Read an Excerpt
The Silent Assassin
By Andrews, Lori
St. Martin's Paperbacks
Copyright © 2008
All right reserved.
The tank that ended the Vietnam War over thirty years earlier by crashing through the gates of the presidential palace provided cover for Huu Duoc Chugai as he strode to the War Remnants Museum in Ho Chi Minh City. At 2:00 a.m. the few people on the street were drunks or lovers, probably with little interest in the tall forty-year old, but Chugai fell into a routine of keeping in the shadows, his head down. His pace picked up on Vo Van Tan Street, then slowed as he weaved through the arsenal of captured American planes and bombs outside the museum. He swore under his breath as he clipped his shoulder against the rocket launcher attached to a rusting American helicopter.
He glanced around as he reached the door of the main building, saw no one, and let himself in with a key. Chugai was a man who made the most of opportunities. The ministry which previously employed him oversaw the park system, including the museum. He'd hung on to a key to the museum, not knowing at the time how he would use it. His life was like the construction of the tunnels at Cu Chi. He believed in stealth, in collecting and manipulating information, in winning at all costs. Sometimes he couldn't tell if it was his birthright or the two years he spent in the United States that had honed his resolve. But hisplanning was about to pay off.
He locked the museum door behind him, congratulating himself on his choice of a meeting place. When the general arrived, Chugai planned to walk him past the photo of smiling Americans sitting down in front of the heads of two decapitated North Vietnamese soldiers. It would remind the man of his debt, of how Chugai's father had saved his life during the war.
Chugai moved into the room that held a tiger cage for prisoners of war. He lit a cigarette, thought about the warm bed of his mistress he'd just left, and smiled again at his own cleverness. He'd arrived a half hour before the proposed meeting time and was keeping watch so he could let the old North Vietnamese solider in. Or maybe he would move back through the museum, so the man would knock and wait for a few moments, just to show him Chugai was running the show.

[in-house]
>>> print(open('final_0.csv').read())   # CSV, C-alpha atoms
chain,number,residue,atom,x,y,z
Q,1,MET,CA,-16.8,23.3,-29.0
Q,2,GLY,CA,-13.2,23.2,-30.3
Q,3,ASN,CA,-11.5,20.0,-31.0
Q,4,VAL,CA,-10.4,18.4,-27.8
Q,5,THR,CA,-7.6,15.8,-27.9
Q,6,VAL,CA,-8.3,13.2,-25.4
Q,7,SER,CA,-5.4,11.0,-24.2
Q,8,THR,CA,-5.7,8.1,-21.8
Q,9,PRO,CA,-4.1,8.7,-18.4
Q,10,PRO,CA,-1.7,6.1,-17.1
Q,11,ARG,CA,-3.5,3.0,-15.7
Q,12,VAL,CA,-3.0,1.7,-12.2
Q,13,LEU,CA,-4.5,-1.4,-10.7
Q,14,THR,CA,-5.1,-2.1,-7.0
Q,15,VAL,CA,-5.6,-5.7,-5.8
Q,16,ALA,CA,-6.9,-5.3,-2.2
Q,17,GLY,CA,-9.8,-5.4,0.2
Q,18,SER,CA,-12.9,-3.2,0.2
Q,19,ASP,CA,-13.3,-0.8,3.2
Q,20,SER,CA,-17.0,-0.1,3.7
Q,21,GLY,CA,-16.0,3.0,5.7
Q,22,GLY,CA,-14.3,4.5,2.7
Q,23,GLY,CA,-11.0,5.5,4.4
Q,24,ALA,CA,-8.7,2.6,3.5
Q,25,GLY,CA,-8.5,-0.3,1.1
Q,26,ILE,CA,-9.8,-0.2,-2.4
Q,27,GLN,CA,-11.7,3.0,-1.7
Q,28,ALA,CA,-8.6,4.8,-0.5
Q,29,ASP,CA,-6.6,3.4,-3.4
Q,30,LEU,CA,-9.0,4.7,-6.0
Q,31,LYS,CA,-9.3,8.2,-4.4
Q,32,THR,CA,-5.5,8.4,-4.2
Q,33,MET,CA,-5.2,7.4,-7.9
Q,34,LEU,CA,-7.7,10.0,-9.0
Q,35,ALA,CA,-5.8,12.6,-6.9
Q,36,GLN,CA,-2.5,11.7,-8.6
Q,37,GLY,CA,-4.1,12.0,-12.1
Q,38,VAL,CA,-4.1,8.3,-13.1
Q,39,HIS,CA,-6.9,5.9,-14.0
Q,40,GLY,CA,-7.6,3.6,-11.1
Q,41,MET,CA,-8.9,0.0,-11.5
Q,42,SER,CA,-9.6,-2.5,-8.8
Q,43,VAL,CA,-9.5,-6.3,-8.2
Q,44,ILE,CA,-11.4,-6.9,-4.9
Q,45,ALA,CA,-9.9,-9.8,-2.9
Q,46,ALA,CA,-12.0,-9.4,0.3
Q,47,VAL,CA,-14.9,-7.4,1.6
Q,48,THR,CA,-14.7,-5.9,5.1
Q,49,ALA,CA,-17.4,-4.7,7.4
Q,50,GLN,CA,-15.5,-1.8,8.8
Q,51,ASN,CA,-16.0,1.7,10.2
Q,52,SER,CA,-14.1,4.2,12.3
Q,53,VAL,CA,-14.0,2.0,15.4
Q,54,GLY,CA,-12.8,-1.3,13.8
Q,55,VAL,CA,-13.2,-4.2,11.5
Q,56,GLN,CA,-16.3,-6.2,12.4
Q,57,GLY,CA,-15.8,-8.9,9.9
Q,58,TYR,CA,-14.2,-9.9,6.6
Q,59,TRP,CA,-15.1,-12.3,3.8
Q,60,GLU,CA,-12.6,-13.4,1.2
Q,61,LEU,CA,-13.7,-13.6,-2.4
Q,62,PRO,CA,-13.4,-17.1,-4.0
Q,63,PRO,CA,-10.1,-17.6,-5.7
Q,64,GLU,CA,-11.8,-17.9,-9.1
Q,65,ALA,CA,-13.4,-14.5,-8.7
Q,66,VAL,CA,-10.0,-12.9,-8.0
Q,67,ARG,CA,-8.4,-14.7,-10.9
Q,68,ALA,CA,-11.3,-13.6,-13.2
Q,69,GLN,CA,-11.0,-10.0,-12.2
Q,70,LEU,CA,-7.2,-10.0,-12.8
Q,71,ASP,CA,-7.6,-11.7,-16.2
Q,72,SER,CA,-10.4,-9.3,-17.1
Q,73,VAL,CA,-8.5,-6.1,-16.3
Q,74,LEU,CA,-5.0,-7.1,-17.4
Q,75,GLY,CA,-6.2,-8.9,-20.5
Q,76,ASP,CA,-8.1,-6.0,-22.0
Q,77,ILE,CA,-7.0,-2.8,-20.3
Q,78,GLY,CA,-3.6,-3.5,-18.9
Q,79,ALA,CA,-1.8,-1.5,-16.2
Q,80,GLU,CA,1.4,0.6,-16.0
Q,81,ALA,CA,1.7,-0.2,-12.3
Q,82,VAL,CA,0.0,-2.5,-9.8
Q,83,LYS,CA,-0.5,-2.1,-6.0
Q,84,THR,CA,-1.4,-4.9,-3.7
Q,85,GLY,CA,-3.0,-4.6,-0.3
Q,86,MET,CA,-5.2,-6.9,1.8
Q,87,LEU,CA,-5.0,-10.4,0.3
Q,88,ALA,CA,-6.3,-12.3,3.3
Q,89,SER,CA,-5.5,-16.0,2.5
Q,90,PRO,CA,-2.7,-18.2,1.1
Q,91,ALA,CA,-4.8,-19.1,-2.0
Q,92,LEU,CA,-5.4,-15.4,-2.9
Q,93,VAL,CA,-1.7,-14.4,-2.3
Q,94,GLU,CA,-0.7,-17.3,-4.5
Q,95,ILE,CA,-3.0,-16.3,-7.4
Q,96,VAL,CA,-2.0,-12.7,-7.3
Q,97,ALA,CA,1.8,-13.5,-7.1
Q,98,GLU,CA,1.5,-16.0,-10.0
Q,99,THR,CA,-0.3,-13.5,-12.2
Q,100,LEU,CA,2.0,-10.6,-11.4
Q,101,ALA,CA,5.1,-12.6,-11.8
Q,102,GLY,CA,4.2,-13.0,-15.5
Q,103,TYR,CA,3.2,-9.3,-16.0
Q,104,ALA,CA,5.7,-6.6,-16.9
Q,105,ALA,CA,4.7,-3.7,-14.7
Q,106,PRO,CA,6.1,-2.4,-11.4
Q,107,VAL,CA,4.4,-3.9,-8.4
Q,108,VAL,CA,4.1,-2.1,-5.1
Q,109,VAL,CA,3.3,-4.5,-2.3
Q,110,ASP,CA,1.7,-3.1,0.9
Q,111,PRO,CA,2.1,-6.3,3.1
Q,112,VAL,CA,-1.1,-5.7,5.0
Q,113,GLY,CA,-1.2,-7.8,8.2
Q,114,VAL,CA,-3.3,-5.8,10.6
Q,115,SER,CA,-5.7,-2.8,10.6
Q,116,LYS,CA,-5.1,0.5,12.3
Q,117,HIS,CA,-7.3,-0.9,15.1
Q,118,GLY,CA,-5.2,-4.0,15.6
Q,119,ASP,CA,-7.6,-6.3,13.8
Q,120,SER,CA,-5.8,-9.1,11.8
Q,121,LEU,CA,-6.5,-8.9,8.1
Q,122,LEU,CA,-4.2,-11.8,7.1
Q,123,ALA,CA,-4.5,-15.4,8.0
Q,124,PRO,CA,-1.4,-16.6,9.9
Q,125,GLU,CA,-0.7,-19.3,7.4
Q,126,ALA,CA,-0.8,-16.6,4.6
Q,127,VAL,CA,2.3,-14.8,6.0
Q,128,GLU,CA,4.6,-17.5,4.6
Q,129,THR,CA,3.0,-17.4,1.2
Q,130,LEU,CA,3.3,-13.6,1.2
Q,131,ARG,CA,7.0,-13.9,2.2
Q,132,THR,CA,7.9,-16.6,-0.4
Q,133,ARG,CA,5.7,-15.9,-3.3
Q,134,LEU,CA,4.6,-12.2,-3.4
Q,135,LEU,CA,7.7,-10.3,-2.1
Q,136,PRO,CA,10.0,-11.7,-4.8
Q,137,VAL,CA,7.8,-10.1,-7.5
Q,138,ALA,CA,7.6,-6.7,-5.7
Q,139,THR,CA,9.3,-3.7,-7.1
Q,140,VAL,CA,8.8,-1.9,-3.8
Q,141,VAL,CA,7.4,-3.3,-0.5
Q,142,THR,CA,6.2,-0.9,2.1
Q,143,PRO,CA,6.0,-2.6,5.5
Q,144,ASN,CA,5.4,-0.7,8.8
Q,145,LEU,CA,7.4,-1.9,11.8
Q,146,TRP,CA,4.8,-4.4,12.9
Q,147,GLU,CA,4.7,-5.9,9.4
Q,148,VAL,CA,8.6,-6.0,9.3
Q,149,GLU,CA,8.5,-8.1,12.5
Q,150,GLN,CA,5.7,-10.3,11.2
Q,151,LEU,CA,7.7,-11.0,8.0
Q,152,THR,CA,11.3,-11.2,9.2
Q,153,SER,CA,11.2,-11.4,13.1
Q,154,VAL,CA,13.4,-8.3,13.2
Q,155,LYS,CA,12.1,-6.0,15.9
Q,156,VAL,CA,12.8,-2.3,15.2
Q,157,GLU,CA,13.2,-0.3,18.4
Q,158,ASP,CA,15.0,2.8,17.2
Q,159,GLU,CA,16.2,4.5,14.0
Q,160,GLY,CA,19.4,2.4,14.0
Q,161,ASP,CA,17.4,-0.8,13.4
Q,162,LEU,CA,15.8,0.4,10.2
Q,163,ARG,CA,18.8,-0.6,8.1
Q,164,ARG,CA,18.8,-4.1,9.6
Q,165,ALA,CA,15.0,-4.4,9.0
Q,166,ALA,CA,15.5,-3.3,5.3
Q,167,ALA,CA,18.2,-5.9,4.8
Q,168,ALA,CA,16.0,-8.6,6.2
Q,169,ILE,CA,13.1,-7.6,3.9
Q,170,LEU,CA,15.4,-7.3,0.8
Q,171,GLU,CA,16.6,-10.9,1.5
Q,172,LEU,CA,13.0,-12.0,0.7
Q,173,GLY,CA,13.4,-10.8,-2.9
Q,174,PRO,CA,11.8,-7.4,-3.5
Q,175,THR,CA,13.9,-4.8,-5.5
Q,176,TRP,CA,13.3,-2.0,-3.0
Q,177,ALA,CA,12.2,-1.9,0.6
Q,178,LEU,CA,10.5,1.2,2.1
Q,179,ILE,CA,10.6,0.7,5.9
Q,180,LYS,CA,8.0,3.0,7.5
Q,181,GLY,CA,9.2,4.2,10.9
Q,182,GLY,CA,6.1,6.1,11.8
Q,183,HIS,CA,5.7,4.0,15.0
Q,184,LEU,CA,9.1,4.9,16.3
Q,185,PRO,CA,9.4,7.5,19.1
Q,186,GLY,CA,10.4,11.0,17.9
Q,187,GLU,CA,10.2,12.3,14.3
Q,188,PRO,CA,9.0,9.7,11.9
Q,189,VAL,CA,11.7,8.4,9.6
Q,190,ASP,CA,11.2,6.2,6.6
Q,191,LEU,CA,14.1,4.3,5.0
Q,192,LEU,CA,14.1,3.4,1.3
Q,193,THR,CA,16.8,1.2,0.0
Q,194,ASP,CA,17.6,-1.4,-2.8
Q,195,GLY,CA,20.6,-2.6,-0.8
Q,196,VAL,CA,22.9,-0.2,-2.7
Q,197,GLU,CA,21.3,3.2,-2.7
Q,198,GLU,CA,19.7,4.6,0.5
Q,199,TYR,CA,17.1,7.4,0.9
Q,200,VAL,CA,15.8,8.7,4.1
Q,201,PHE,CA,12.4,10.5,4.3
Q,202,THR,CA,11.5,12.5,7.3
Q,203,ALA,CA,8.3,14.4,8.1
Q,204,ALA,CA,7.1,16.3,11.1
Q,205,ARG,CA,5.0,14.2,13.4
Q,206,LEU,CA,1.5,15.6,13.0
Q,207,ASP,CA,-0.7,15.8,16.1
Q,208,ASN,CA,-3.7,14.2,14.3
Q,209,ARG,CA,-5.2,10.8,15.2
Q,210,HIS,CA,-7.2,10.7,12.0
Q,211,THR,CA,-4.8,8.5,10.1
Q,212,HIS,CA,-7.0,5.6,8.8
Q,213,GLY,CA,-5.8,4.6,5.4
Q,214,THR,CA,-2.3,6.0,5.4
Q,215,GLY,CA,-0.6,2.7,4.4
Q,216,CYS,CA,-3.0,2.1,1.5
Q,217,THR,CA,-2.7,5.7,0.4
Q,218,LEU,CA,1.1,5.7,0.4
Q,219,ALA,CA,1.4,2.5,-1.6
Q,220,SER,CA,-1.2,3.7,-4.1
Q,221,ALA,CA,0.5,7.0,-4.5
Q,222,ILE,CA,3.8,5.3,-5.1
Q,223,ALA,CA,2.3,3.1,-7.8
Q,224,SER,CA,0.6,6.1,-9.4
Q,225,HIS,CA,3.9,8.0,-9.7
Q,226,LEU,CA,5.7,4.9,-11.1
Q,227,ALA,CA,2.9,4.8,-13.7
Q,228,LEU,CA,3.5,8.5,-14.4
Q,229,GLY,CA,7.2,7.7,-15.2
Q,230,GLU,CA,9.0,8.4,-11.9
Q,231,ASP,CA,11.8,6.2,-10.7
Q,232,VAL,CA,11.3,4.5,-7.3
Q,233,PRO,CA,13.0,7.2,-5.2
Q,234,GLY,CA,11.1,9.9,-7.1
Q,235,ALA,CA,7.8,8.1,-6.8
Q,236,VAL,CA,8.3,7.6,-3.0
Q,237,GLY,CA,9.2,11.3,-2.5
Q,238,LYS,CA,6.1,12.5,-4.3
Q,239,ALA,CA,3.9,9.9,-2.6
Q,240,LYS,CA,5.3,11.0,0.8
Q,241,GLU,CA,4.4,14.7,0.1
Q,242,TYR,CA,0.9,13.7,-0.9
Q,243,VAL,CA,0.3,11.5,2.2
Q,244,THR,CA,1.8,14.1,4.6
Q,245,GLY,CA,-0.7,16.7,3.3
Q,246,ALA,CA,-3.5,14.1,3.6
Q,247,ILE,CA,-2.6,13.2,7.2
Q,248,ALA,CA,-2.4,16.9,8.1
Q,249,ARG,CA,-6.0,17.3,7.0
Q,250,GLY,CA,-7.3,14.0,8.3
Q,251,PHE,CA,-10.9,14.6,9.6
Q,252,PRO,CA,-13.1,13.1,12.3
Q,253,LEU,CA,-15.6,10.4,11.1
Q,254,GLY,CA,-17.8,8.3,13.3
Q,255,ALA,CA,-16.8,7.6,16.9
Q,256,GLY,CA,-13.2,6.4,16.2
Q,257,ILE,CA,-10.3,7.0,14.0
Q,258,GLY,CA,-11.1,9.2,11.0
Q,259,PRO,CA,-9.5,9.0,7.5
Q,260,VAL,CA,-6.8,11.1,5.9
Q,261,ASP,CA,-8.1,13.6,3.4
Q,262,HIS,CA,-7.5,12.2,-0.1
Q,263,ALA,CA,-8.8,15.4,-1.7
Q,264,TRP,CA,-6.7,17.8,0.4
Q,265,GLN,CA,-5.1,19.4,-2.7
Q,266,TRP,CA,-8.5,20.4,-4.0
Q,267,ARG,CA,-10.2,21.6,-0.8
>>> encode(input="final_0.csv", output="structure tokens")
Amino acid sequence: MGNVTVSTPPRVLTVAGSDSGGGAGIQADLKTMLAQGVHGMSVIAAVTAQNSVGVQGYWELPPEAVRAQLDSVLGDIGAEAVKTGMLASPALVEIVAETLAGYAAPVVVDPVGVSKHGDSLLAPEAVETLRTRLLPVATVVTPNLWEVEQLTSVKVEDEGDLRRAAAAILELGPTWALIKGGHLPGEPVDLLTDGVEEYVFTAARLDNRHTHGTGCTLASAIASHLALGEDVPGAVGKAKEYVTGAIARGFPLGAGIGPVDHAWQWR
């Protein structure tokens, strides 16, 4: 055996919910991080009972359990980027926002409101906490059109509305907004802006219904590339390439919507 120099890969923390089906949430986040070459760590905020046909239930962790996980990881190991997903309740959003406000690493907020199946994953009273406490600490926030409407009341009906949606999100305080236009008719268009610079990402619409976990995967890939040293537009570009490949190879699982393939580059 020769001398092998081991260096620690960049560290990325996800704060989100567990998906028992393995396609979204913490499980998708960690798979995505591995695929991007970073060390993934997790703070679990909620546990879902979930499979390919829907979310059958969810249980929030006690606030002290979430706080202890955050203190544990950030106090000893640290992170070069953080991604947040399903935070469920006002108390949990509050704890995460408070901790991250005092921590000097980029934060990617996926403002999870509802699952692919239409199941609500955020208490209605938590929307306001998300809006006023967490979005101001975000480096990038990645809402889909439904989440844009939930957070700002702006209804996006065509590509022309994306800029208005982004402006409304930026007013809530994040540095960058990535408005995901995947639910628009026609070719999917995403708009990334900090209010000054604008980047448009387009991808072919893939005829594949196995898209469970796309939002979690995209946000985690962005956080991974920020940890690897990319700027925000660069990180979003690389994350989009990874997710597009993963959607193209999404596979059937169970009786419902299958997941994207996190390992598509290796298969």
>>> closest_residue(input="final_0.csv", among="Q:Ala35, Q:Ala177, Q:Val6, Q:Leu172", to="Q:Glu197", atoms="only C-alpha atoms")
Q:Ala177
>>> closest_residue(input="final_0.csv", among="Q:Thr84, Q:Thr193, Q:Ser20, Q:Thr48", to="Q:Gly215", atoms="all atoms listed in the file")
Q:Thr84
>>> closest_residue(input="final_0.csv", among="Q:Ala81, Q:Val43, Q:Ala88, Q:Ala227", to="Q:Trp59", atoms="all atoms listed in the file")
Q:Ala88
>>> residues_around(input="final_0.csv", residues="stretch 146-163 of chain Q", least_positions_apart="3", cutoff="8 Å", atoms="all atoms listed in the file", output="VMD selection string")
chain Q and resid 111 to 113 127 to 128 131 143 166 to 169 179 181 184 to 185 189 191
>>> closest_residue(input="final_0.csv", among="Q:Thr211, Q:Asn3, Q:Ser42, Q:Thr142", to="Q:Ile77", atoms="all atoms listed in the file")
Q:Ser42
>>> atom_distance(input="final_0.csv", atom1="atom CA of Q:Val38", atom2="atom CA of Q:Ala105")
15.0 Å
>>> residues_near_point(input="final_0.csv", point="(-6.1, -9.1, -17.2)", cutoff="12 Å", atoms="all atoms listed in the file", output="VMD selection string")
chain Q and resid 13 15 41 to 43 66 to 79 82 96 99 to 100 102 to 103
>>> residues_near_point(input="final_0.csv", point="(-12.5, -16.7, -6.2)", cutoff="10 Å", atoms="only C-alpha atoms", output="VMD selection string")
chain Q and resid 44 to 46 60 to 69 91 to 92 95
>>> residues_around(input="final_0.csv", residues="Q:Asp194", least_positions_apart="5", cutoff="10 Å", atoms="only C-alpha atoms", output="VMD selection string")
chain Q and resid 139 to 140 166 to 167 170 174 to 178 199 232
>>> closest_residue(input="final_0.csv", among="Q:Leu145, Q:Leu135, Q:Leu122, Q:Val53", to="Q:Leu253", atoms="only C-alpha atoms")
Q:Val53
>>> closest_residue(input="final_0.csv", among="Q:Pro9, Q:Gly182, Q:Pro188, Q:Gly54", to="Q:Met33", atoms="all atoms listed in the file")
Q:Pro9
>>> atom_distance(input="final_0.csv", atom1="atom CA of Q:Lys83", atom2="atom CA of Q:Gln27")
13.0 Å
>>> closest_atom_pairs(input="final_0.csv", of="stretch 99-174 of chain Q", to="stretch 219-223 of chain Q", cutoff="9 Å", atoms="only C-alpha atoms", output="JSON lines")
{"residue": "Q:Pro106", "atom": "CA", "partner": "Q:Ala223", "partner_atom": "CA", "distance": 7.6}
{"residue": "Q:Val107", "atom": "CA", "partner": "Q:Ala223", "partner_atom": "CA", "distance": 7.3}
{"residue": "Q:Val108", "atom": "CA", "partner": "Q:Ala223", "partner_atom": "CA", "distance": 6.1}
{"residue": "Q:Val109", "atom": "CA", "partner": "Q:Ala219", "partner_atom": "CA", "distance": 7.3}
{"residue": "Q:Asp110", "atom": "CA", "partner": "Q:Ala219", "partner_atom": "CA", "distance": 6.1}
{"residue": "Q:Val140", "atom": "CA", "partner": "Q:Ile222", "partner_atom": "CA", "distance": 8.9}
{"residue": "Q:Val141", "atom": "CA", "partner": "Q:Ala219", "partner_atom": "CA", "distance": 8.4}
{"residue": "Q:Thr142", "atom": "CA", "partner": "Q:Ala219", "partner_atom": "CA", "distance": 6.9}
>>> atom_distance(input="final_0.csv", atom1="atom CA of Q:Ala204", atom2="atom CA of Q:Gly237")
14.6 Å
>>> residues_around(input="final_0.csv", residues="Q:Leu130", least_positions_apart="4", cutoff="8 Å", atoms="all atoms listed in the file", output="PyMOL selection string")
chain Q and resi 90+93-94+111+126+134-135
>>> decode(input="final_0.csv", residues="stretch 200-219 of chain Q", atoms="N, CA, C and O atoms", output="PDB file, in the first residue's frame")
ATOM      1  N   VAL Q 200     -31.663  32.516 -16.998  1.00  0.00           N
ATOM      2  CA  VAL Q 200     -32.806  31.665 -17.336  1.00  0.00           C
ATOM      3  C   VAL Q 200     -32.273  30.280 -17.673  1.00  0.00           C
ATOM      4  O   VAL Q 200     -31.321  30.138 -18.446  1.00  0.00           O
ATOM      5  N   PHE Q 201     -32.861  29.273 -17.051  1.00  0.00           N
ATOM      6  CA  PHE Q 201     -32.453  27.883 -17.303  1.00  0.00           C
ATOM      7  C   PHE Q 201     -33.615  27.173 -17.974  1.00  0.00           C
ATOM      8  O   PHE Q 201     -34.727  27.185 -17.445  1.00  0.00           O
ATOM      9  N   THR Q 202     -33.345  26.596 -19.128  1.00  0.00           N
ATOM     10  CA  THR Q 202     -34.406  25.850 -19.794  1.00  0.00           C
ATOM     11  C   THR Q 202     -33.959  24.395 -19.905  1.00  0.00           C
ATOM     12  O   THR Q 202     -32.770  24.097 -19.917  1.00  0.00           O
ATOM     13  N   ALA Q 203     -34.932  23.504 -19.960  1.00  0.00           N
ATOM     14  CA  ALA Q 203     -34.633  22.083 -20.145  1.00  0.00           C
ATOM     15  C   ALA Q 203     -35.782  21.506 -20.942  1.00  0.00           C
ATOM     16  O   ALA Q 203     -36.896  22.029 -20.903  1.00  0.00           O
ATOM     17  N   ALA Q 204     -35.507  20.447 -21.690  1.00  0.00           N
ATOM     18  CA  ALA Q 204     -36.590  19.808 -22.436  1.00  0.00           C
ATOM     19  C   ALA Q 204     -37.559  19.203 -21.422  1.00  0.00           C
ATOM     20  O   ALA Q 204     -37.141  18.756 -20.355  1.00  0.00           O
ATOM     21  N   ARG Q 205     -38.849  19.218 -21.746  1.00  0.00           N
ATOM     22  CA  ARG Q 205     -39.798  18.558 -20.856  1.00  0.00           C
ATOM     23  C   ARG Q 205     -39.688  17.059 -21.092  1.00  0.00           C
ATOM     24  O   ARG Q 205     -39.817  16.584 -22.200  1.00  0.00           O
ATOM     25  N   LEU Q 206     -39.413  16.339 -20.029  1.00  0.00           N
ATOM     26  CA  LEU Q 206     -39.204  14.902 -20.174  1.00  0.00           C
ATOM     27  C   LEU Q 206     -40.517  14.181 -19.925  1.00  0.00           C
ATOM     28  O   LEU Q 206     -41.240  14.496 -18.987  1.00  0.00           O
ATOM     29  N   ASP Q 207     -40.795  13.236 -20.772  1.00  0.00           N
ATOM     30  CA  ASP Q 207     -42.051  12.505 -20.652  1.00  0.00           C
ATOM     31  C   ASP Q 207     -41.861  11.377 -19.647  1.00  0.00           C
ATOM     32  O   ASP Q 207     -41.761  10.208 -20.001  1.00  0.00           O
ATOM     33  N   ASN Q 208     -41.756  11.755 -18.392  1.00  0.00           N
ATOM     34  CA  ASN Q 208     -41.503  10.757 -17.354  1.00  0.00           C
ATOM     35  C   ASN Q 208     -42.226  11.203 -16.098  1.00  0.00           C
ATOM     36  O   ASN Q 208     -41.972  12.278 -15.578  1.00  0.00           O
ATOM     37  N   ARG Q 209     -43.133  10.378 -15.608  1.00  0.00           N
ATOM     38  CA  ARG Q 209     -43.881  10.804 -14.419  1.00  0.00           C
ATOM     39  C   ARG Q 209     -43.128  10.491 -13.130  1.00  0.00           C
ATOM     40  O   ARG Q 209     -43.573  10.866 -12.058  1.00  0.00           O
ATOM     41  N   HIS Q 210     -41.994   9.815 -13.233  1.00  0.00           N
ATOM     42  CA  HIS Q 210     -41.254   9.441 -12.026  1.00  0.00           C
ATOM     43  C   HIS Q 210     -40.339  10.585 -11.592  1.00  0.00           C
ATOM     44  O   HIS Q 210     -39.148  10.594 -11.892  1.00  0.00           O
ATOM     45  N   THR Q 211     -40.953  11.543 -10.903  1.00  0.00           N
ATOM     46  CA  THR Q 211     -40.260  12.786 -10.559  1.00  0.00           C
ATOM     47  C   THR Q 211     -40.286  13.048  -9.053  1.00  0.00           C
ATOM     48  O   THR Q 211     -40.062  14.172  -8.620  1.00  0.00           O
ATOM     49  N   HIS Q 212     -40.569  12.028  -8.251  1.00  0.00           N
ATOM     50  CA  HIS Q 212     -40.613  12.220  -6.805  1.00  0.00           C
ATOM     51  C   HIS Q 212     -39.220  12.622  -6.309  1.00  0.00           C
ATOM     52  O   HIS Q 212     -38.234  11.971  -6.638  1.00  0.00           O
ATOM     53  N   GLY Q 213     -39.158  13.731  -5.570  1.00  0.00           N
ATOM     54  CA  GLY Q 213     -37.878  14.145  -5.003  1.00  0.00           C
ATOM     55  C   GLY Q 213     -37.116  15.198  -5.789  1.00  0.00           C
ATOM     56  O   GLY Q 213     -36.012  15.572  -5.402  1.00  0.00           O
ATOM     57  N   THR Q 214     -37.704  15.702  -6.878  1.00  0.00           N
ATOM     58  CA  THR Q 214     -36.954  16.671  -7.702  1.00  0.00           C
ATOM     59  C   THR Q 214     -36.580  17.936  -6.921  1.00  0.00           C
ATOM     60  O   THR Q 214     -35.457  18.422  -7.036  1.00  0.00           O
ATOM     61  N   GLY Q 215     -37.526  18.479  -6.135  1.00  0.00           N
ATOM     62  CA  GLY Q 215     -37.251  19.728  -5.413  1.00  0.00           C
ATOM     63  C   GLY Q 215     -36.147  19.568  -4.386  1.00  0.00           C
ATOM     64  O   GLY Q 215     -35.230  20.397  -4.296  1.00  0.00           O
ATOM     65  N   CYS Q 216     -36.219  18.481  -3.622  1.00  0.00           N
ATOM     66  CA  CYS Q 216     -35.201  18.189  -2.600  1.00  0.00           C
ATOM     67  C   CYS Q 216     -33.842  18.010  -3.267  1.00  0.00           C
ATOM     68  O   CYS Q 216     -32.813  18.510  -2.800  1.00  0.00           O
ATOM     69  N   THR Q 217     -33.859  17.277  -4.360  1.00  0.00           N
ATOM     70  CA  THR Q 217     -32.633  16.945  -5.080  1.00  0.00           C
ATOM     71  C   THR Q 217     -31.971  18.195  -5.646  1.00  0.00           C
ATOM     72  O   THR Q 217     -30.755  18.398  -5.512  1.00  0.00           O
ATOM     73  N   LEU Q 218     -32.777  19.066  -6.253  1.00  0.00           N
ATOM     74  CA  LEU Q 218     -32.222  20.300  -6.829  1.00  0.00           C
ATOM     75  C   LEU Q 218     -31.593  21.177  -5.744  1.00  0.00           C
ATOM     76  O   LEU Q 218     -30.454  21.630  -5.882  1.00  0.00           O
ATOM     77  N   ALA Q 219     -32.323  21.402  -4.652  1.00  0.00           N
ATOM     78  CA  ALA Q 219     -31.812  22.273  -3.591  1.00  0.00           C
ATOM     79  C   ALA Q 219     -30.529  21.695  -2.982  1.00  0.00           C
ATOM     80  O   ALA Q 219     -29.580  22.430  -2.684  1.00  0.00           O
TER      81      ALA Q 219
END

His thought was abruptly interrupted by an arm reaching around his neck and grasping him in a choke hold. His cigarette fell to the floor as his assailant spun him around. Chugai looked down in embarrassment at the general, who was three inches shorter than him. How the hell had he gotten in and crept up so silently?
The older Vietnamese man grinned, with a touch of madness in the corner of his eyes. Chugai was sufficiently chagrined that he forgot his grand plan to walk the general through the museum to seal his loyalty. Instead, he thrust an envelope into the general's hand. The man didn't even open it. Instead, he held his pointer finger up, signaling "one."
Chugai knew what he meant. He'd kill once more and then he would consider the debt repaid. Chugai opened his mouth to speak but the man was no longer listening. Instead, the general had moved over to the French guillotine that was on display.
The old man placed the envelope on the wooden bench at the bottom of guillotine and let loose the weighty blade that had been used to kill prisoners of war. The crushing thump severed the envelope in half, shredding and scattering the Vietnamese and American currency it held. As Chugai rushed over to see if the airline ticket was still intact, the general disappeared out of the museum.
Screw it, thought Chugai. If the general wants to do it his way, so be it. Chugai put the mangled currency and plane ticket into his pocket. He didn't care how the general got to Washington, D.C. as long as he killed the bastard.
Luke knelt on the hand-loomed rug next to the bed and started zipping his guitar into its traveling case. The loud crackle of the industrial-sized zipper brought Alex in from the next room. Her long, wavy blond hair cascaded over her black turtleneck and she still looked flushed from their lovemaking. She walked up behind him. “I heard the zipper and thought it was your pants coming back off.”
He turned toward her, still kneeling, and faced the fly of her jeans. He reached his hand up to the snap at the top. “Dare me and I’ll have you back in bed in twenty seconds flat.”
She thought about how that might make him late for his flight to London, and how she’d probably lose her favorite parking spot at work. Then she smiled down at him. “Dare you,” she said.
A flurry of clothes streaked across the room like the streamers from a New Year’s Eve popper. She fell back on the bed and he joined her, licking her mischievously down her body, a favor she promptly returned. Then he moved up over her and they made love tenderly, gingerly, his face down close to hers, nose to nose, their sighs turning into gasps. As they were about to climax, they rolled across the bed, so that she was on top of him, almost seated, lifting herself up and down. Her hair shook like a horse’s mane.